Pittsburgh Theological Seminary

Bridging the Word and the World

7/8 2016

White Privilege in a World Where Black Lives Matter

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blacklivesmatterI don’t know what it’s like to be a Black person in this country.

I don’t know what it’s like to have others see me as suspicious or dangerous simply because of the color of my skin. I don’t know what it’s like to wonder if I will experience discrimination or even overt hatred or violence everywhere I go, simply because of who I am.

I don’t know what it’s like to have “the talk” with my son—the one where I have to try to tell him exactly how to stay alive if he is ever confronted by the police.

The fact that I don’t know these things is a mark of privilege. As a White person in a racist society, I really don’t have to think about such things if I choose not to. This week alone, we have witnessed the killing of two Black men in two days, and a violent ambush that took the lives of five police officers in the midst of a peaceful protest. If I want to, I can choose simply to ignore the newscasts, occupy myself with the details of my own life, and remain blissfully unaware of what is happening in faraway places like Louisiana and Minnesota and Texas. White privilege is what allows me to make this choice.

Two Main Mistakes That Well-Meaning White People Make

It seems to me that when horrific things like this happen, there are two main mistakes that well-meaning White people make. The first is not acknowledging our privilege—a privilege we are granted at birth, which we didn’t earn and which we can’t refuse, even if we are inclined to. White privilege allows us to labor under the illusion that human experience is monolithic, that somehow because we have grown up in the same country, we all have had the same chances and have borne the same consequences for our choices. It allows us to think that, ultimately, we’re all “the same,” without acknowledging that the color of one’s skin actually makes a huge difference in how a person experiences the world and how that person is treated.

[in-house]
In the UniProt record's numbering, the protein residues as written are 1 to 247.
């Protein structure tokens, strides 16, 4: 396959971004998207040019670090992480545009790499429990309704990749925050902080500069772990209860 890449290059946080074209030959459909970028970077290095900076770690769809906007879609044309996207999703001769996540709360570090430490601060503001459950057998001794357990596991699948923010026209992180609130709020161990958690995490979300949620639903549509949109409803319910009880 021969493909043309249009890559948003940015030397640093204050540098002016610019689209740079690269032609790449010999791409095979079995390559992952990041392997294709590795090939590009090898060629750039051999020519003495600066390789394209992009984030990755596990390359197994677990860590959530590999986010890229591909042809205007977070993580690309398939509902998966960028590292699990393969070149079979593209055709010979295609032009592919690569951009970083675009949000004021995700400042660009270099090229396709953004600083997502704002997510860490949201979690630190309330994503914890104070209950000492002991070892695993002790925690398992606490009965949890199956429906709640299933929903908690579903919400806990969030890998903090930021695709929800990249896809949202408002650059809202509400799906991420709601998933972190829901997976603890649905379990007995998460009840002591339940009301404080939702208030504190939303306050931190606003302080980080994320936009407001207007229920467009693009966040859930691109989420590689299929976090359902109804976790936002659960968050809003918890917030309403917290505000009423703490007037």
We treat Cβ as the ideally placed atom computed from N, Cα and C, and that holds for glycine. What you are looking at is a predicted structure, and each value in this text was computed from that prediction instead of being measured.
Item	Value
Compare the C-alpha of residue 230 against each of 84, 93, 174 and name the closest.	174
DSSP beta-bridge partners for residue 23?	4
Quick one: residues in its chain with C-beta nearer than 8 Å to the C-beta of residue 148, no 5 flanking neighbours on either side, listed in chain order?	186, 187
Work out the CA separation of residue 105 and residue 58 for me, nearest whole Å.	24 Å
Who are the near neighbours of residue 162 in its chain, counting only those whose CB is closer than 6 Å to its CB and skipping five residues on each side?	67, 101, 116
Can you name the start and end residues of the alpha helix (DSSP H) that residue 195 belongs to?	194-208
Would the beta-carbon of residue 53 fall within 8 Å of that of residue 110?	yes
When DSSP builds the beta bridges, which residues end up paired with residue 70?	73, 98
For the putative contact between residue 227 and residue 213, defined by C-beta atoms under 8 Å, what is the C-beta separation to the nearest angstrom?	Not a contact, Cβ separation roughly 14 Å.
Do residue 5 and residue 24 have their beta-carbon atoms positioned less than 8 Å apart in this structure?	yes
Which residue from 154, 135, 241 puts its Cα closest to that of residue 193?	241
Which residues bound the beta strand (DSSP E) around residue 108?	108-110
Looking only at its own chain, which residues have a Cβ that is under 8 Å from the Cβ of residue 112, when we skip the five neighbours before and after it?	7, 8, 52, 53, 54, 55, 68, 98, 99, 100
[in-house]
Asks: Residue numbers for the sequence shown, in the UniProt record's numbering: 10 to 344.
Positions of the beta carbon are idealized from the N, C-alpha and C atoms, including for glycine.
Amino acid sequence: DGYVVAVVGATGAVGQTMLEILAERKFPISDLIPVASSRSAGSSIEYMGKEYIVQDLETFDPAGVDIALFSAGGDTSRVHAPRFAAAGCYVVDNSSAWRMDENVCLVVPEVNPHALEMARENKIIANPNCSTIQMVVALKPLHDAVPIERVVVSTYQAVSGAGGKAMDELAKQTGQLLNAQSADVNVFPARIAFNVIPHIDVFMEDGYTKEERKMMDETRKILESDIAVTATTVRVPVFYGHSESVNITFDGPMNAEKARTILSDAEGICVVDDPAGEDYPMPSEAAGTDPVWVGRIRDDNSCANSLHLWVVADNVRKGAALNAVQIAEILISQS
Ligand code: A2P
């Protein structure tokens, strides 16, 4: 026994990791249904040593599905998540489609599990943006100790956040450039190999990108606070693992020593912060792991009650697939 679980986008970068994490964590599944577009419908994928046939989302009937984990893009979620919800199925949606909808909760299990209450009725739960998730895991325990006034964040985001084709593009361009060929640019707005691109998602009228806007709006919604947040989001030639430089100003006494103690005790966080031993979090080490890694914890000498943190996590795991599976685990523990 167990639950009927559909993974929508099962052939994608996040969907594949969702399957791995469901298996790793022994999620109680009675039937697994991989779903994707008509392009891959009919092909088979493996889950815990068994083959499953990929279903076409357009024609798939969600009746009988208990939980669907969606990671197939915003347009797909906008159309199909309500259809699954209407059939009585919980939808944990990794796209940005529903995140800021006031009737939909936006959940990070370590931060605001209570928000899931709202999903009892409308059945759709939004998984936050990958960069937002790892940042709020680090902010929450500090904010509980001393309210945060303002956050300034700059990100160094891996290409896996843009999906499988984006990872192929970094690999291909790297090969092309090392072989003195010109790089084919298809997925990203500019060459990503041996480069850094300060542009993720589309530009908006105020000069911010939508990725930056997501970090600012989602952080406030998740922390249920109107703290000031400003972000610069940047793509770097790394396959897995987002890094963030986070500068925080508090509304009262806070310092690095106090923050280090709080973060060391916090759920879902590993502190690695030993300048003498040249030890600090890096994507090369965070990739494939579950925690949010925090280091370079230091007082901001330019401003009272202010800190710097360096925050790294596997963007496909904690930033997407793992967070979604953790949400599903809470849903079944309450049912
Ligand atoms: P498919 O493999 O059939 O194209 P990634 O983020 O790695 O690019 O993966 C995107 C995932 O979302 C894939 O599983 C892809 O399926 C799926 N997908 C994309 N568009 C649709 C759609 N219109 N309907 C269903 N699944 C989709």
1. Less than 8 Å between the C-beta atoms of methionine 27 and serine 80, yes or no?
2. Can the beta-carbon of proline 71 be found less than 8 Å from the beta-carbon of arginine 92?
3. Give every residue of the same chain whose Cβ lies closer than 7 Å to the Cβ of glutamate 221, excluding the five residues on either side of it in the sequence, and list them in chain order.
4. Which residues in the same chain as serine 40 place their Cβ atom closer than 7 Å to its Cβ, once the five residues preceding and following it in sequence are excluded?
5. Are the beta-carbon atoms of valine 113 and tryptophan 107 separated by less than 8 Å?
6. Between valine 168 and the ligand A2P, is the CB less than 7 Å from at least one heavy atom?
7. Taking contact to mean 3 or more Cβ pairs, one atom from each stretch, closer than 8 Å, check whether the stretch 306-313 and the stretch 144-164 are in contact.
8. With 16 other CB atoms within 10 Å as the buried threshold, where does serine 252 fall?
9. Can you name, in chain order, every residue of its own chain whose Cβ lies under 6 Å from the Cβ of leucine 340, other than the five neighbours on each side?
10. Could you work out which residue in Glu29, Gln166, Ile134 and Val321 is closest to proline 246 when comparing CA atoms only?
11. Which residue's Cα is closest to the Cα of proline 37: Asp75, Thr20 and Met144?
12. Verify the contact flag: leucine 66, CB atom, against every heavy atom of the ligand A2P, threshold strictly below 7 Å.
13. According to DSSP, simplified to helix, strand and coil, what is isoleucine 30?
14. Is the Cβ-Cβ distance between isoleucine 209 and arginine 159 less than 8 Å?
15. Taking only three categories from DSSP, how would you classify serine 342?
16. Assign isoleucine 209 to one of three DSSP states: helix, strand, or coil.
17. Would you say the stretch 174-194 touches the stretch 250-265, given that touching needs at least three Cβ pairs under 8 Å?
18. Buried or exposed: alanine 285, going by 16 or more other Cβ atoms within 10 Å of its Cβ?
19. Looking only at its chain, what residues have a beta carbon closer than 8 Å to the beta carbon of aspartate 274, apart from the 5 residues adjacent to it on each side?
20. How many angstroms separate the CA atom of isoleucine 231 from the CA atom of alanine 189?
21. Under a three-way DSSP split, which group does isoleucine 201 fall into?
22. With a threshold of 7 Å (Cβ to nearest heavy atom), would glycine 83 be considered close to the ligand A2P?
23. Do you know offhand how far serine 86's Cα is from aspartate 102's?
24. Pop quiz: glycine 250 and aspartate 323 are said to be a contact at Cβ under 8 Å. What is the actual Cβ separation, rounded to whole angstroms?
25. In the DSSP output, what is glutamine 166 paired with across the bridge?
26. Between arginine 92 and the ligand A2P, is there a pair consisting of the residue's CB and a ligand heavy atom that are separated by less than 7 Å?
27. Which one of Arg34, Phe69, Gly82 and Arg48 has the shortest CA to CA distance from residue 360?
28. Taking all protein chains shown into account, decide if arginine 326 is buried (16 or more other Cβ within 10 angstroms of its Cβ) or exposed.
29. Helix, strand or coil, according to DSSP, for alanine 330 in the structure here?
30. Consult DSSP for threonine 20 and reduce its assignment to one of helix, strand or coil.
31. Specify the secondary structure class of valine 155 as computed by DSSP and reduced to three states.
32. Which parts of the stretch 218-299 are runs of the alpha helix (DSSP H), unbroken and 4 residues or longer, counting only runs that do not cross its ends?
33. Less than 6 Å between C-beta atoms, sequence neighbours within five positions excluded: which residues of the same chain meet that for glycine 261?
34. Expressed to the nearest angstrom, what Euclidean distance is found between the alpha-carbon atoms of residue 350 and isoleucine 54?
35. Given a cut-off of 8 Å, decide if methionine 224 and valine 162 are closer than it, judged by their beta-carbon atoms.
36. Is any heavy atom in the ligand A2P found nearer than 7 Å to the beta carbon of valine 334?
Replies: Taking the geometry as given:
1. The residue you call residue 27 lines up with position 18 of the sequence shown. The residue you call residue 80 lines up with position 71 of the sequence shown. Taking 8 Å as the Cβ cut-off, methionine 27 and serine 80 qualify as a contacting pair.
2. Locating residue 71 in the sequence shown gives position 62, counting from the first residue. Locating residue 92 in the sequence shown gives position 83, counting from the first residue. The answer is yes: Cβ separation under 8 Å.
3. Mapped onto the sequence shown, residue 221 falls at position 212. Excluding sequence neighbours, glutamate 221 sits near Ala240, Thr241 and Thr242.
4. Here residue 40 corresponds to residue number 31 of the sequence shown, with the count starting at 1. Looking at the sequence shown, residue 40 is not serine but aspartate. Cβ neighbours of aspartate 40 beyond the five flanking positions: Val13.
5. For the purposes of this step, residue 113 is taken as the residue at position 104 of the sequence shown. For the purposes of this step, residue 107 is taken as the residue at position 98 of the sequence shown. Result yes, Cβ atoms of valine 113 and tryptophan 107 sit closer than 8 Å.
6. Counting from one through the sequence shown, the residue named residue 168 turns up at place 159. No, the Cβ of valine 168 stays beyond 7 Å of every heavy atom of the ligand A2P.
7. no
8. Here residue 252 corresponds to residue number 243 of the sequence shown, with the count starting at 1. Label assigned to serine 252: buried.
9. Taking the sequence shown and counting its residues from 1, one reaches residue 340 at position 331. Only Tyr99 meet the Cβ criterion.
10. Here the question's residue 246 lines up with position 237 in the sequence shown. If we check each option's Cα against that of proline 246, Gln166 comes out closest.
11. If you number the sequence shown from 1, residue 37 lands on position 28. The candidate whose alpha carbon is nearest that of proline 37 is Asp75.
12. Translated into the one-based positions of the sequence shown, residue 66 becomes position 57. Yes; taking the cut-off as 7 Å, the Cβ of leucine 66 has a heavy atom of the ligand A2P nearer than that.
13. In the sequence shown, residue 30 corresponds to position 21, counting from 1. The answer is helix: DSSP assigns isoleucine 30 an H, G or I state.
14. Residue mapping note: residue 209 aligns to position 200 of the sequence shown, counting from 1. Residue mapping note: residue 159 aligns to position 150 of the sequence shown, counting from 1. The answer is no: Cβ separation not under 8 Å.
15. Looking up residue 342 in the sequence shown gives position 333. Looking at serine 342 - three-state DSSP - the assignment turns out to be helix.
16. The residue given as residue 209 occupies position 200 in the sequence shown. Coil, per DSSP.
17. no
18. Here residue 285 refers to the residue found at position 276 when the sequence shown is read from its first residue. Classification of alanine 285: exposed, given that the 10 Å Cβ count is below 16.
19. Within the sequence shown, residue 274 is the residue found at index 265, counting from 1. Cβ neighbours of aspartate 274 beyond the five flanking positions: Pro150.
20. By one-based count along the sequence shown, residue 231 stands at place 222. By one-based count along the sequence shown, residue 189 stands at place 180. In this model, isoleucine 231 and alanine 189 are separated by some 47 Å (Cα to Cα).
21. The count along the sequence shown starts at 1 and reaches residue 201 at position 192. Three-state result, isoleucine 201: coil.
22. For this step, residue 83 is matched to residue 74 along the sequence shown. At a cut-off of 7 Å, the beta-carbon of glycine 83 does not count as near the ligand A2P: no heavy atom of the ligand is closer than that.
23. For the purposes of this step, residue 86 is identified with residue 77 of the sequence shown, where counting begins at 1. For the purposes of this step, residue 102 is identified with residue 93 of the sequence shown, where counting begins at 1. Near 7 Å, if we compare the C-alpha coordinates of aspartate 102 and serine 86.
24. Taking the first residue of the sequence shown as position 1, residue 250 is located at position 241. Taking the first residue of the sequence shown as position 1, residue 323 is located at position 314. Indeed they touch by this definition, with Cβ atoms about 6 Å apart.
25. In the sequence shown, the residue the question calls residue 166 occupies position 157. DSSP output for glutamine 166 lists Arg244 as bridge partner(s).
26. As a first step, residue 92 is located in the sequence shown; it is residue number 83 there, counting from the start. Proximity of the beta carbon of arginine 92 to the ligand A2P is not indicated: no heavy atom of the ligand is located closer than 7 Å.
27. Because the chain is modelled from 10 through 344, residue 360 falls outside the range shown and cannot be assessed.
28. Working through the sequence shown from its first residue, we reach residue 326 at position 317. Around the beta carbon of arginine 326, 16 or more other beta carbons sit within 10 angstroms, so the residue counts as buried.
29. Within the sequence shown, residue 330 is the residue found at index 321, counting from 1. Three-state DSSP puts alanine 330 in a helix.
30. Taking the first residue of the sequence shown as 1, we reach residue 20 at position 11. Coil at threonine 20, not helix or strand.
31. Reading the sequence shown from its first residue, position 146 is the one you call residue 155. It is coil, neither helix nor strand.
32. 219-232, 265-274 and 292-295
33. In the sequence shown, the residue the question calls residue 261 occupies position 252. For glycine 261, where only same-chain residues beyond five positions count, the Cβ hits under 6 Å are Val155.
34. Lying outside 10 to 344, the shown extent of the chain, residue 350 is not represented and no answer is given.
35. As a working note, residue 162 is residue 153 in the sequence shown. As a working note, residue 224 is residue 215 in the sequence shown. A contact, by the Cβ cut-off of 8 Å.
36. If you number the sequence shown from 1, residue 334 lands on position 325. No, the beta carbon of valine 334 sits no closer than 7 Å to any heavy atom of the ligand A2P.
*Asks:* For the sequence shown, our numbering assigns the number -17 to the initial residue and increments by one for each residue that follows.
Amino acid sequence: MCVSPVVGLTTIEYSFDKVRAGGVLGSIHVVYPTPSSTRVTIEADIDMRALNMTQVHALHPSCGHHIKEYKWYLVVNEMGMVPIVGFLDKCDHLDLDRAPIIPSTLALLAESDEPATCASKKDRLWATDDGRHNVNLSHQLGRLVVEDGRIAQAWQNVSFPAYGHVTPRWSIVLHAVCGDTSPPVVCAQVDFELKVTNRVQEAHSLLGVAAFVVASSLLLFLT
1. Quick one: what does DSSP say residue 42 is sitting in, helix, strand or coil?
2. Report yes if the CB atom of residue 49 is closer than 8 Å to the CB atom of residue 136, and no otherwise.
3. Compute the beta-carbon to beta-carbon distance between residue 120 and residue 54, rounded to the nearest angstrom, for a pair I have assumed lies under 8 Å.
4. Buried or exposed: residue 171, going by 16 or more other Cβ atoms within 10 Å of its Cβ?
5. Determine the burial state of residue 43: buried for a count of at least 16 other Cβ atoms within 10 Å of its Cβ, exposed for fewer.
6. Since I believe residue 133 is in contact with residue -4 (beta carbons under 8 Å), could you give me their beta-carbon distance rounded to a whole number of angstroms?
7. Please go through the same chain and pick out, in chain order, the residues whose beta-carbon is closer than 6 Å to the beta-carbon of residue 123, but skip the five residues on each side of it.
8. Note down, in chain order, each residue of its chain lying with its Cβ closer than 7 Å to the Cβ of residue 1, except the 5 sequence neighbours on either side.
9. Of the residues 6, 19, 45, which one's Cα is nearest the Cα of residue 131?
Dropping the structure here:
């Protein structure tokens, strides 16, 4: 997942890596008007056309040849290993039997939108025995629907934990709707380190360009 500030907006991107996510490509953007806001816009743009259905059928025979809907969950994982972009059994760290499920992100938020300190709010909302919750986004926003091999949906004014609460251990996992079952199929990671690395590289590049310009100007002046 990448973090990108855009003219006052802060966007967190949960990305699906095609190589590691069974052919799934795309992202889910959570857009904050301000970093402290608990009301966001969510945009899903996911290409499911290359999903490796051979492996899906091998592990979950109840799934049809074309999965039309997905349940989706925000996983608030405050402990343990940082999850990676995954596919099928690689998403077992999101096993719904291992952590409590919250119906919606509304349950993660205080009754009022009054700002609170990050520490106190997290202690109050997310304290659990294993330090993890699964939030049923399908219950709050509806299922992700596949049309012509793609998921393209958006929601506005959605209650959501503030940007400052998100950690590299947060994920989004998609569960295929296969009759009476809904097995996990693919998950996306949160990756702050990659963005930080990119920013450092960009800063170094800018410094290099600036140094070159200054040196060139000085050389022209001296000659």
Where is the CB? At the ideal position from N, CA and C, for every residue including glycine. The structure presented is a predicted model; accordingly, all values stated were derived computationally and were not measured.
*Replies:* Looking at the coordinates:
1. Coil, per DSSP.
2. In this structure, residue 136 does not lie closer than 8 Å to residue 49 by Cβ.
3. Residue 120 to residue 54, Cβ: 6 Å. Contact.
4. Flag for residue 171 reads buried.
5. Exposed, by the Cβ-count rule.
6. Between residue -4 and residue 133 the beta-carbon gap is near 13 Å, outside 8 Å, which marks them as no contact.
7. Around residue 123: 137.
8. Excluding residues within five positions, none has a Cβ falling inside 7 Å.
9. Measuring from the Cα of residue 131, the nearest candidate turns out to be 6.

Even among White people who are committed to fighting against racism, there is a temptation—in the wake of the kind of violence we’ve seen this week—to assume that the grief and rage and pain we feel is “the same” as what people of color are feeling. We assume that our outrage over the slaying of police officers is exactly the same as the outrage communities of color feel about the shootings of Alton Sterling and Philando Castile. But it’s not. It’s not the same because the society we live in overwhelmingly condemns the former but not the latter. It’s not the same because most of us have confidence that those responsible for killing the Dallas police officers will be brought to justice swiftly.

The families and friends of Alton Sterling and Philando Castile probably don’t share that confidence because they’ve seen this before. They’ve seen that in this country, it’s possible for a grand jury to watch a video of a police officer choking an unarmed man to death, and still find that no one is criminally responsible. (Read more.) To be clear: I am not saying that the lives of the Dallas police officers are any less precious than the lives of Alton Sterling or Philando Castile or Eric Garner or any other victim of violence. I am simply saying that in this country, the color of a person’s skin still seems to influence how seriously that person’s death is taken, and the lengths to which we will go to see justice done.

Differences Matter

Differences matter. To deny this truth is to refuse to see what is right in front of us: that, despite our rhetoric to the contrary, all people in our society are not treated equally. But if we’re not careful, we can make the opposite mistake as well; we can become convinced that the differences between us are so great that we can no longer imagine what it might be like to stand in another person’s shoes. We become convinced that “us” and “them” are two completely separate groups that have nothing to do with one another, that we share nothing that could help us to understand what the other is going through.